In May, working in partnership with several other European university departments, including Cambridge Judge Business School, the software engineering department at Estonia’s University of Tallinn submitted an EU Horizon 2020 bid to prove the technical and commercial viability of an open, bazaar model for GaaP.
During discussions with Estonia’s own government – widely regarded as a poster-child for GaaP by other governments, including that of the UK – it became clear that, while supportive, they were able to play only a limited role in our proposed research project because the Estonian e-government initiative is a largely bespoke, legacy government technology platform that remains closed off from the rapidly evolving global, web-enabled software market.
While it remains a pioneering and impressive piece of software engineering from 1995 when it was originally conceived, the irony is that in 2015 it constitutes a case study for digital isolation – it is an example of what not to emulate in the UK. Put another way, would the Estonians themselves do the same thing again in 2015, given a clean slate and the opportunity for new thinking that this affords?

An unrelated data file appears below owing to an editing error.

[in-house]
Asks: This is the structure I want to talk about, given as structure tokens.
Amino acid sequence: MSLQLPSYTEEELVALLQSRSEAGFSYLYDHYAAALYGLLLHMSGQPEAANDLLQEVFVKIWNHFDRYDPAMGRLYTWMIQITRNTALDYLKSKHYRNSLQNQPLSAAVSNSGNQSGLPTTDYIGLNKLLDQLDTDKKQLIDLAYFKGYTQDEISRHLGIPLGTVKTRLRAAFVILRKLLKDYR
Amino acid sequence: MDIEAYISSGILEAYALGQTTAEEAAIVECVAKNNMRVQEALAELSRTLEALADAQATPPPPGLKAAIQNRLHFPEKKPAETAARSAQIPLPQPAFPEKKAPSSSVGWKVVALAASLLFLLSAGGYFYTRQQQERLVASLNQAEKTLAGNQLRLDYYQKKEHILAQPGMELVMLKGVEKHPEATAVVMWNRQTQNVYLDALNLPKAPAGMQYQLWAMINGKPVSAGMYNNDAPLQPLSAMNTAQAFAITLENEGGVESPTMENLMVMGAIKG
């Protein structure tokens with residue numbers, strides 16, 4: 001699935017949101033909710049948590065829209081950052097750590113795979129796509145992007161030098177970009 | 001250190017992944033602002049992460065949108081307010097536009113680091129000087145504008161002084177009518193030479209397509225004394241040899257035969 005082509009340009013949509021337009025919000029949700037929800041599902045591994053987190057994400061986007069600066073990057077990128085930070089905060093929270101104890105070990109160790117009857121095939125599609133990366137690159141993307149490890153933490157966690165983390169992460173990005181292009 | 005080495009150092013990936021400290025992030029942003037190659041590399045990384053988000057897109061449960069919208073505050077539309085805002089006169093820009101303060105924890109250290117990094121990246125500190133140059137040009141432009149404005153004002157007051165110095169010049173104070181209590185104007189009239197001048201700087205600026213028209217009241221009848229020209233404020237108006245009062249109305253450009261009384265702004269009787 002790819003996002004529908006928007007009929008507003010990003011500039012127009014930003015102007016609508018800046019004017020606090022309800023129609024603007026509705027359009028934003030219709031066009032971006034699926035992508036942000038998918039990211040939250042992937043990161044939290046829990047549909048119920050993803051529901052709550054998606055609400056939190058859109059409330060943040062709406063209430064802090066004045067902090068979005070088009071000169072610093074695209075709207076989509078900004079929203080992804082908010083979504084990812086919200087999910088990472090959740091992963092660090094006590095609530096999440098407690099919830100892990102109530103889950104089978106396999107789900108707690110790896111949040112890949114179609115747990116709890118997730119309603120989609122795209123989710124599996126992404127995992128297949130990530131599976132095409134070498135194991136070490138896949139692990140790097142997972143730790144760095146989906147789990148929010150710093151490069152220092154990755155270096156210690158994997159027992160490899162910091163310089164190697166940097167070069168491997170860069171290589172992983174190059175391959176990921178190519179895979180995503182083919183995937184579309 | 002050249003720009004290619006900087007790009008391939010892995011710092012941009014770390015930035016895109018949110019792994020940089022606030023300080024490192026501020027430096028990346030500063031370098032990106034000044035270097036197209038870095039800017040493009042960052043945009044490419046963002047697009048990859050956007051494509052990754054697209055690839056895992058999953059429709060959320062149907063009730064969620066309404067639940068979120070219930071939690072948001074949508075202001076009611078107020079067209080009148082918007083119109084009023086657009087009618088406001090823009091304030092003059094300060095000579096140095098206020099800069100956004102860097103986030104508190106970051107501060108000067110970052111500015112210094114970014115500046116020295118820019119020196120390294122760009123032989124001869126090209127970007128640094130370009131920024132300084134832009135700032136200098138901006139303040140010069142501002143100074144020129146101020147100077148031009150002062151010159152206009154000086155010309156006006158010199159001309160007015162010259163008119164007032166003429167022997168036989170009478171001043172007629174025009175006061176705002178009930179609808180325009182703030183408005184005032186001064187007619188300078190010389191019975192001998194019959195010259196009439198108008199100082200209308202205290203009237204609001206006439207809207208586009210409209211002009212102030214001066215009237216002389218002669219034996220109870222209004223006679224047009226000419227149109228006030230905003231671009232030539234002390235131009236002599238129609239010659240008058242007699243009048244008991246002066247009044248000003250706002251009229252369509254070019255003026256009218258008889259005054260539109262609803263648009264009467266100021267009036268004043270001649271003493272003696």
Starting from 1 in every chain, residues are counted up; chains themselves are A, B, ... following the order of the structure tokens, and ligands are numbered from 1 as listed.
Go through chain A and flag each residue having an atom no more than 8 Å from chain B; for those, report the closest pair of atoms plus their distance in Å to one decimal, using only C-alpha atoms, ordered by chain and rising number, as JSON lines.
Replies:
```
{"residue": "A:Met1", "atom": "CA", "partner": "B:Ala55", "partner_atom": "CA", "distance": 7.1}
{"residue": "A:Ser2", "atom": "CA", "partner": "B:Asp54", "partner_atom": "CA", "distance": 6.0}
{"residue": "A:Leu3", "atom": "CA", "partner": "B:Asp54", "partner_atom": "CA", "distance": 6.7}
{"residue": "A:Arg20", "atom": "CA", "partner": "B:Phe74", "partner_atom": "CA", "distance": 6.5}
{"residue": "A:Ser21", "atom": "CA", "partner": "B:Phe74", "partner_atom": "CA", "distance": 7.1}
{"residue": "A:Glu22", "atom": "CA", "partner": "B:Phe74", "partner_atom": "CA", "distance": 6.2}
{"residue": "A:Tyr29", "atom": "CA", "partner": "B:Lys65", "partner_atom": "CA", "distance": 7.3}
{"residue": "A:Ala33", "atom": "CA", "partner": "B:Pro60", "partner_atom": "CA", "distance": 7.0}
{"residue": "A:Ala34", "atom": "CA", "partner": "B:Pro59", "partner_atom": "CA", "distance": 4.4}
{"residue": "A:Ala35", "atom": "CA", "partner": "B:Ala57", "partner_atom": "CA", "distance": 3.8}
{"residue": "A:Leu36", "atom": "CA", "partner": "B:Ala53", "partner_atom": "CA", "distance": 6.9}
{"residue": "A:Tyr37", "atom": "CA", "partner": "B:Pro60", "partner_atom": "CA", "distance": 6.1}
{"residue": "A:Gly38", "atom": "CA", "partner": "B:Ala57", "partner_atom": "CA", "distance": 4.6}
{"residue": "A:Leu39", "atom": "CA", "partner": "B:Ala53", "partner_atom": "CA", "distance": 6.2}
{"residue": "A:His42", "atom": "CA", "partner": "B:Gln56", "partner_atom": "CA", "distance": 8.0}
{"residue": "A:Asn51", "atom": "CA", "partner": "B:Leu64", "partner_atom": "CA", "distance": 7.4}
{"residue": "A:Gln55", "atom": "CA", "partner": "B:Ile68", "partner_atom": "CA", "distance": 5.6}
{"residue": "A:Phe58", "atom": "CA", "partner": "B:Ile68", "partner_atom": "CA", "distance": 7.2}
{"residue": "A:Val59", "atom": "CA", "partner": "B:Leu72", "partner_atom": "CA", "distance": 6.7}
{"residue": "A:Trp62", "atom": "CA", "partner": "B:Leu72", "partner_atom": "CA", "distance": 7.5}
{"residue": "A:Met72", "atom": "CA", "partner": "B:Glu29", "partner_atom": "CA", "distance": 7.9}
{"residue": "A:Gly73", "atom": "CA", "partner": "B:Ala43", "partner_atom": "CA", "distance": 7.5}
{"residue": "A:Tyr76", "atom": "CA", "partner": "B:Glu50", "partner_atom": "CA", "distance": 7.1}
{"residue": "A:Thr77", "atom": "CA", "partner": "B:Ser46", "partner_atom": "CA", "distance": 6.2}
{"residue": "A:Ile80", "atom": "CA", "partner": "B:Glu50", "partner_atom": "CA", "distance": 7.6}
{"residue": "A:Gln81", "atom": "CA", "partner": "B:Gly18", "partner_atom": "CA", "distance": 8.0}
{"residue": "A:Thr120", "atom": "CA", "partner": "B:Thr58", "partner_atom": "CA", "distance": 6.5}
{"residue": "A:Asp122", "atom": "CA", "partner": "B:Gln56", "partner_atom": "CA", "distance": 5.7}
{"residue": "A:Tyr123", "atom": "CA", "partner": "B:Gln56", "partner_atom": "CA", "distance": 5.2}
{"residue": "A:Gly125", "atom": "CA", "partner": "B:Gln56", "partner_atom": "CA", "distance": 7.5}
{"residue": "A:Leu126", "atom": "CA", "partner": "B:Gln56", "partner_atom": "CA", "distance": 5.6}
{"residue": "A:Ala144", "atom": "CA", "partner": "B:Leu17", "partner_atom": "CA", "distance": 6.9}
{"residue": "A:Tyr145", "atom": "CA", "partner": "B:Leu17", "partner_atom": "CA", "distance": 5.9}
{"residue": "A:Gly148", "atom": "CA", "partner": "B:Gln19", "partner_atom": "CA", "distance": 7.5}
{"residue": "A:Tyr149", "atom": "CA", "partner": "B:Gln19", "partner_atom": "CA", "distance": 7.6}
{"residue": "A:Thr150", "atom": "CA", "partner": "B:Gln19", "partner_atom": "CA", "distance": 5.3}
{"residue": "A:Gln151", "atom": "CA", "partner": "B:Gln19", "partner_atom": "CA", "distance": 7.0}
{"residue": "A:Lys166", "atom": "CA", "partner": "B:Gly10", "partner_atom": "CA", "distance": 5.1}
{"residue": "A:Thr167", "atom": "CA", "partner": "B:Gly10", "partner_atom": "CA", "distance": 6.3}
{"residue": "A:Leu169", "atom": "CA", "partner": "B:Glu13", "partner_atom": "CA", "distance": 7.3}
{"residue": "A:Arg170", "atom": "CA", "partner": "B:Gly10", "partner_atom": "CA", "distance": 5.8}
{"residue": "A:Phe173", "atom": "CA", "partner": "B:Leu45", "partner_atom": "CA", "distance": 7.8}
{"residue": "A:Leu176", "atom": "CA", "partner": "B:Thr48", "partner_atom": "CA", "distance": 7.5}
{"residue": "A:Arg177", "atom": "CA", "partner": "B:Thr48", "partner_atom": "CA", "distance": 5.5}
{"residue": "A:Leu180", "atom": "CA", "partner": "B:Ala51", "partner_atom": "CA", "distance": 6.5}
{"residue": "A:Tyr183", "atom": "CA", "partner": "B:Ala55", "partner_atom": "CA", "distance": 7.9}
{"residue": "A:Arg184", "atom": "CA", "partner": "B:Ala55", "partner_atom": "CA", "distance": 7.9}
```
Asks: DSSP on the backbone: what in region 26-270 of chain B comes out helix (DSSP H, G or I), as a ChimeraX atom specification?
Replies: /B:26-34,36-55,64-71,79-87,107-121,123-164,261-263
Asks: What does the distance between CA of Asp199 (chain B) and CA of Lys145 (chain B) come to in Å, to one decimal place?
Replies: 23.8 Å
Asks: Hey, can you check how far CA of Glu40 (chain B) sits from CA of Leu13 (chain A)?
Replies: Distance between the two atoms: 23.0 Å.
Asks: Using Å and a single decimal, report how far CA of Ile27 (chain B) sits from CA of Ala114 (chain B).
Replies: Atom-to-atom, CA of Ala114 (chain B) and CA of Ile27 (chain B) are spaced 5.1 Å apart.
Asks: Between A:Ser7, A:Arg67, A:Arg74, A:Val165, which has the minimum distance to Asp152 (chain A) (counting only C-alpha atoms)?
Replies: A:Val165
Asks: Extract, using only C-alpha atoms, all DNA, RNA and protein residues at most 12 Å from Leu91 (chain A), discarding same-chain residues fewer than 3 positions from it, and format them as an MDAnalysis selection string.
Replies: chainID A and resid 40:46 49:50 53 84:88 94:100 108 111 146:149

Meanwhile, the danger is that by offering improved access, and even focusing on digital inclusion per se, the agile mantra within any platform-for-government blueprint becomes a way for government to defuse the real disruption offered by GaaP. If so, the chance for more genuine, digitally enabled citizen participation, and disintermediation of government, is reduced to a systems development orthodoxy.
In this way, the openness promised by digital and GaaP never makes it beyond the level of technology to anything more democratically substantive – and the possibility for happier, really cost-effective public service is lost for another generation. Thus would the genuine re-imagining of Raymond and O’Reilly – and the real digital opportunity for the UK – be rendered inert, bounded and risk-averse. Much like, say, a Treasury business case for a traditionally large government technology programme.
Mark Thompson is a senior lecturer in information systems at Cambridge Judge Business School, a key architect of the government’s open IT strategy and strategy director at Methods Group. He is co-author of the book Digitizing Government.